The Quehanna Wild Area in the Pennsylvania Wilds is one of the most remote corners of Pennsylvania. This 50,000-acre area spans parts of Elk, Cameron, and Clearfield Counties is little visited, but features many fascinating spots worth seeing if you know where to look.
On a recent trip to the Quehanna Wild Area, I had a chance to check out one of the most unusual spots in Pennsylvania: the abandoned nuclear jet bunkers.
The land that would become the Quehanna Wild Area was bought by the state to protect it after the logging industry moved out of the area. The Civilian Conservation Corps made some improvements to the area in the 1930s, creating some of the infrastructure that you see in the area today.
In the 1950s, the Curtiss-Wright Corporation was looking for a large area of land to test nuclear-powered jet engines. This was part of an attempt by the U.S. government to discover other uses for the newly discovered nuclear power as part of President Eisenhower’s “Atoms for Peace” program.
Curtiss-Wright purchased 80-square miles of land in 1955 to build a nuclear testing facility. The land they purchased was set up as a 16-sided polygon, as that would prove easier to entirely fence in than a circular parcel of land. All told, they required a fence 24-miles in length to encircle the property.
The jet bunkers were placed in the center of this polygon. The reason was if the engines were ever to break free, they wouldn’t be able to travel outside the fenced area.
It was Curtiss-Wright that gave the area the name “Quehanna”, which they named after the West Branch of the Susquehanna River.
In addition to the jet bunkers, Curtiss-Wright also built a nuclear reactor in the area, as well as a foam factory.
The nuclear engine program was discontinued by the government in 1960, quickly ending much of the work that went on in the area, including the factory and ownership of the nuclear reactor. By 1967, the state had purchased the land back and created what was then known as the Quehanna Wilderness Area.
Today, the nuclear reactor has been dismantled and the old factory is used as both a minimum security prison and a heavy equipment training school.
The jet engine bunkers, however, are still out there and hidden away in the woods of the Quehanna Wild Area.
While the two bunkers are relatively close to each other, the southern bunker is the easiest to reach.
An old roadway leads off from a small parking lot at the intersection of Quehanna Highway and Wykoff Run Road. After hiking along this overgrown old roadway for about half a mile, it disappears into an overgrown field.
Remnants of the site’s industrial past can be found scattered through this field, and it’s interesting walking around to see what can be found.
At the center of the field is a small hill. This is the site of the buried jet bunker.
To be honest, there isn’t a whole lot to see here. There are a few small windows (or possibly vent holes) that can be peered into, but not much can be seen inside the bunkers themselves. Currently, the bunker is considered a bat habitat, which is a great way to reuse an underground bunker.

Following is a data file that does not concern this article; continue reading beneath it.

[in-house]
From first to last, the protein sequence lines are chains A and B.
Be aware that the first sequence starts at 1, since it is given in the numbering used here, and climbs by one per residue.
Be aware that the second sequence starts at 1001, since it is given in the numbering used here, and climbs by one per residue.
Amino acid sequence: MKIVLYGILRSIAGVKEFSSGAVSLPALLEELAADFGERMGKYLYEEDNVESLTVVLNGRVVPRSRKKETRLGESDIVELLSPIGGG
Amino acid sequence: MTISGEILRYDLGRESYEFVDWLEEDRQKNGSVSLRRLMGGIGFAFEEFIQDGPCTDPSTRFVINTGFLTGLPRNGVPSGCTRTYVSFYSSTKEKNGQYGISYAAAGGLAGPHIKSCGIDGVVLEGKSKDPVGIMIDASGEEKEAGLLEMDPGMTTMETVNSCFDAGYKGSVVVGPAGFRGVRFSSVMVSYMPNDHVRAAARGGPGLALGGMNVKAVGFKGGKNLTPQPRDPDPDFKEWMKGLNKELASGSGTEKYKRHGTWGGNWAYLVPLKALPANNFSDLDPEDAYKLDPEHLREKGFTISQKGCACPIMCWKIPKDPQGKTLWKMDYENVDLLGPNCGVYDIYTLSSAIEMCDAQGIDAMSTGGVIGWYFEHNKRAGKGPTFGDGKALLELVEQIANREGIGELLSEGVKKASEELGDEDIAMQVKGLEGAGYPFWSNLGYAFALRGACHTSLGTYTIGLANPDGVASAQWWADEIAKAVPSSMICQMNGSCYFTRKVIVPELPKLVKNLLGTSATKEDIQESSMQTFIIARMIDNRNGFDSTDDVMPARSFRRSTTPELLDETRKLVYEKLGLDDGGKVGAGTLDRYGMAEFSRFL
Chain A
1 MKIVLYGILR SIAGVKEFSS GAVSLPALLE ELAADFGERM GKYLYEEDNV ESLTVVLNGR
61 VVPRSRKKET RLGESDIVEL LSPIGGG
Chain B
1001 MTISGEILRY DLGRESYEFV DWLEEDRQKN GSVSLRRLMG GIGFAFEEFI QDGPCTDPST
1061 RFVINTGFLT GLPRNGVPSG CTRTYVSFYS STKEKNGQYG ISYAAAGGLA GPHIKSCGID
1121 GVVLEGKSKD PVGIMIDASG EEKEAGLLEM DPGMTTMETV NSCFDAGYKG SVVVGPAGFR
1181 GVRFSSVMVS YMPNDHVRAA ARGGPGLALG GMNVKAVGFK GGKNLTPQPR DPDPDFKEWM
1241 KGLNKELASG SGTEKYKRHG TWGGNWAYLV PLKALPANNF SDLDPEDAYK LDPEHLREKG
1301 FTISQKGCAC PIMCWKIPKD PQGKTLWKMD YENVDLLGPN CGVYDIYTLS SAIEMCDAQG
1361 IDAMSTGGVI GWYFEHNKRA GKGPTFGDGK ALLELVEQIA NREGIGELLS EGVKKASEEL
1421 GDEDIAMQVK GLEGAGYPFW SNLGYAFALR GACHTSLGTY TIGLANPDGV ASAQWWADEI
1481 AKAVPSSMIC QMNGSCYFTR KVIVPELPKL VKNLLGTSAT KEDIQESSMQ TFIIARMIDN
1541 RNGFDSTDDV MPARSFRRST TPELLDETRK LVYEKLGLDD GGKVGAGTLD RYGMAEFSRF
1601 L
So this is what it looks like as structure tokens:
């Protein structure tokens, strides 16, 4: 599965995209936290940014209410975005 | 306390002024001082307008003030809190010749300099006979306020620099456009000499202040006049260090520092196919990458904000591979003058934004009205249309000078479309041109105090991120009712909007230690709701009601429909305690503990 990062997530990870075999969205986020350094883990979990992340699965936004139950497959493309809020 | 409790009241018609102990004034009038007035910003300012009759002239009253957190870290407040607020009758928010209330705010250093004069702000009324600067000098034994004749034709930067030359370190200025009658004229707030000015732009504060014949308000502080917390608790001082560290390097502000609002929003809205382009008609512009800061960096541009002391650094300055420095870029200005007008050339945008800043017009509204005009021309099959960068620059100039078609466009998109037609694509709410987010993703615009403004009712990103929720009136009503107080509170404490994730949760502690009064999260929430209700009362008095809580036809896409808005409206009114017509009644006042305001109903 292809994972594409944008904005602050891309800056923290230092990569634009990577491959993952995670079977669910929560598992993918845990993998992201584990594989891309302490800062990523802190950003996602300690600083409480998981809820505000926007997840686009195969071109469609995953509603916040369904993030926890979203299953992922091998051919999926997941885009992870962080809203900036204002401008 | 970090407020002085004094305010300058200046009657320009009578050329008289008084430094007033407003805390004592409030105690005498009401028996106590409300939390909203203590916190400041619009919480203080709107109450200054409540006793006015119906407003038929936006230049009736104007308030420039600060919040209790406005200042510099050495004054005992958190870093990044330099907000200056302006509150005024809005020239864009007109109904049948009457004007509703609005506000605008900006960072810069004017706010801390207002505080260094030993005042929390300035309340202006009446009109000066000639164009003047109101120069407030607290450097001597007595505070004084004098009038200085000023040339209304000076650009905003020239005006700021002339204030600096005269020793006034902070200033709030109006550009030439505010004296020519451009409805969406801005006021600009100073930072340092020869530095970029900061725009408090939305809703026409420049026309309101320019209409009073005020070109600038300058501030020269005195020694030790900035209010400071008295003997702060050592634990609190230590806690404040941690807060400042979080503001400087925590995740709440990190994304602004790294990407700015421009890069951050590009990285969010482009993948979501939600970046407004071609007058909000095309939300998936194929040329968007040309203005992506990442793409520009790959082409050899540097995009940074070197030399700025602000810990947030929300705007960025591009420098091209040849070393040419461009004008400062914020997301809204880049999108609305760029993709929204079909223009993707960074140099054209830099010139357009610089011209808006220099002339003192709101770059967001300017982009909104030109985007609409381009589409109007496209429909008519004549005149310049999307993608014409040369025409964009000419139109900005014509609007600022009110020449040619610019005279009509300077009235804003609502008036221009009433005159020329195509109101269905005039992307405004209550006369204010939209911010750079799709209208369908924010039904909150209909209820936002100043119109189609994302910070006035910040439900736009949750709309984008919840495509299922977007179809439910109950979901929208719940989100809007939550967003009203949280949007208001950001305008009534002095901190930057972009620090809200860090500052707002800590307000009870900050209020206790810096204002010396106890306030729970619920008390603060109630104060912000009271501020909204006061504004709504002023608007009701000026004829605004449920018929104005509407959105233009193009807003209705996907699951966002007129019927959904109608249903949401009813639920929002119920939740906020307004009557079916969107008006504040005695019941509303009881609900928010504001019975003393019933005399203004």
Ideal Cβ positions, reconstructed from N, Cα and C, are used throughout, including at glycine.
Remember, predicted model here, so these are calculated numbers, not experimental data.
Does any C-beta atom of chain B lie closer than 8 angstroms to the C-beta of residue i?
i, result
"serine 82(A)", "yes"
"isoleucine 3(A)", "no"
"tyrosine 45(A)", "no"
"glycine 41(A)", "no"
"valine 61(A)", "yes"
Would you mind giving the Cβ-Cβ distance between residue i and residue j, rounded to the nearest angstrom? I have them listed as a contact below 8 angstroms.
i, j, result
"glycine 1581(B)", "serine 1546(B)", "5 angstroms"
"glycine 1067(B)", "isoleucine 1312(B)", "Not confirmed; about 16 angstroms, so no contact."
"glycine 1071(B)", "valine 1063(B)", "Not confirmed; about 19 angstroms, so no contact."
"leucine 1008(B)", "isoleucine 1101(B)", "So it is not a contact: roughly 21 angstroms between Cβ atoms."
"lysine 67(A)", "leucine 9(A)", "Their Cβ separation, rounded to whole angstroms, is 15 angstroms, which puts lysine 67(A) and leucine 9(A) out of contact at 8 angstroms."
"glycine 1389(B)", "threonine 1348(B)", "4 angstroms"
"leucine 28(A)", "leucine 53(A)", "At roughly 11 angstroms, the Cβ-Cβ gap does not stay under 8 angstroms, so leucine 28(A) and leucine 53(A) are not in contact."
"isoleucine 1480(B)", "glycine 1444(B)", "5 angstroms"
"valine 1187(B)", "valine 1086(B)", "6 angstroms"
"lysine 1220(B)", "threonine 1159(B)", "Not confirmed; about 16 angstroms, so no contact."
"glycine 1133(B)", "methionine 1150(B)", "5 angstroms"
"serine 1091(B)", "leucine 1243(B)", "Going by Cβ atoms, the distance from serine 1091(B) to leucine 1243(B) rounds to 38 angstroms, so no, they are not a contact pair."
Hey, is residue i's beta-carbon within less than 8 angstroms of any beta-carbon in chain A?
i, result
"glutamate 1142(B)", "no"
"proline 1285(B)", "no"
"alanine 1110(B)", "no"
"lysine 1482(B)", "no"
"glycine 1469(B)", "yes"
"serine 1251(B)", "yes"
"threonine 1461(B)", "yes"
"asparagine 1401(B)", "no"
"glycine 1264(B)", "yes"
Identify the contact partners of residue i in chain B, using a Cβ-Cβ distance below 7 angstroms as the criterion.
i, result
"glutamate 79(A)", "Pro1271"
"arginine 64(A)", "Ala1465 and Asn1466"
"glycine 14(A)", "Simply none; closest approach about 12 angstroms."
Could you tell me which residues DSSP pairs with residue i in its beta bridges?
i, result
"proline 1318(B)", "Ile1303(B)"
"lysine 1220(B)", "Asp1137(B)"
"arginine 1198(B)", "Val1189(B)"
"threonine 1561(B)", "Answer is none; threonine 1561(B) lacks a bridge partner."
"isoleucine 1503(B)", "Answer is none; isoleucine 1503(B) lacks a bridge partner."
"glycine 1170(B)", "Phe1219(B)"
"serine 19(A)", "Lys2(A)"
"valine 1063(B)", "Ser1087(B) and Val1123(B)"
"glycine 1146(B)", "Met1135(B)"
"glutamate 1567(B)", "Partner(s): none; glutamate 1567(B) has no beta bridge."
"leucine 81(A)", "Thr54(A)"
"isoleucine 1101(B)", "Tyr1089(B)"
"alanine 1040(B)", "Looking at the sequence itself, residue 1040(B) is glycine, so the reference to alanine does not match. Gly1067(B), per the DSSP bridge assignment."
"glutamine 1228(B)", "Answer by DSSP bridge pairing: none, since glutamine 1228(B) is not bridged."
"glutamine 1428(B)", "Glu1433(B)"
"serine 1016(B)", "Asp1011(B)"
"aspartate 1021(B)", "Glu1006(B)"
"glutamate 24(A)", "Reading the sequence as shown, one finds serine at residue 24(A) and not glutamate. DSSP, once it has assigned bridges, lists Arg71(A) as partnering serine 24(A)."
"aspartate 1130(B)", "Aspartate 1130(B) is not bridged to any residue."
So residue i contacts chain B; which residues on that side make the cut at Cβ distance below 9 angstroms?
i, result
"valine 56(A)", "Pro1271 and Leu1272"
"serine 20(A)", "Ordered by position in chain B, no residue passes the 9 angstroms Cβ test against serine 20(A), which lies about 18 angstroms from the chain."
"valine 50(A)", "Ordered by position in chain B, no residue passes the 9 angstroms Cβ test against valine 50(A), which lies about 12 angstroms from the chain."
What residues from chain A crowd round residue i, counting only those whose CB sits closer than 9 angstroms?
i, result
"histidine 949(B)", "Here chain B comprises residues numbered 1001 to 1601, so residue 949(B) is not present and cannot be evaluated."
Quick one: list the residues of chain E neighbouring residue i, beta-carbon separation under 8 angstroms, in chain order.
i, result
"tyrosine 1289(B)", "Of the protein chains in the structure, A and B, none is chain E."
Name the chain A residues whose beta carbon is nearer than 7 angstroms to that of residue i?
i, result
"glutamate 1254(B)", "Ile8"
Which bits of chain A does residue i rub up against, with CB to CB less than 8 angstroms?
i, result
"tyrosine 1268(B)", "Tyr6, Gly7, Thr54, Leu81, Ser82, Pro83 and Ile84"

However, what makes this spot cool is just the chance to legally visit an abandoned place in Pennsylvania that has connections to both the US military and our nuclear past. It’s also fascinating to see how nature has begun to reclaim a site that was so heavily damaged, first by logging, and then by nuclear testing.
So, if you’re looking for something interesting to do in the Quehanna Wild Area, don’t miss the abandoned jet engine bunkers.
How to Get to the Abandoned Jet Bunkers in the Quehanna Wild Area
The nuclear jet engine bunkers sit in the middle of the Quehanna Wild Area in Cameron County, Pennsylvania. While there are a few ways to reach them, the best is to park in a small dirt lot at the intersection of the Quehanna Highway and Wykoff Run Road.
The parking area can be found at the following coordinates: 41.229955, -78.192041.
From here, a trail leads off into the woods. This trail is wide and easy to follow as it was once a road, though it’s quite overgrown and had a few blowdowns along it when I visited.
Follow this trail for about half a mile until you come to an obvious clearing at the following coordinates: 41.237006, -78.195818.
The remnants of the jet bunkers can be found in this clearing.
Remember that this is an abandoned nuclear site, and while no warnings exist, you are visiting at your own risk. While all access areas to the bunkers are closed to the best of my knowledge, do not enter this underground lair should you find an opening.
There is also a second abandoned jet bunker nearby that I did not have time to visit. It can be found at the these coordinates (41.237006, -78.195818), and can be accessed via the closed-to-traffic Forest Road, a short distance north on the Quehanna Highway.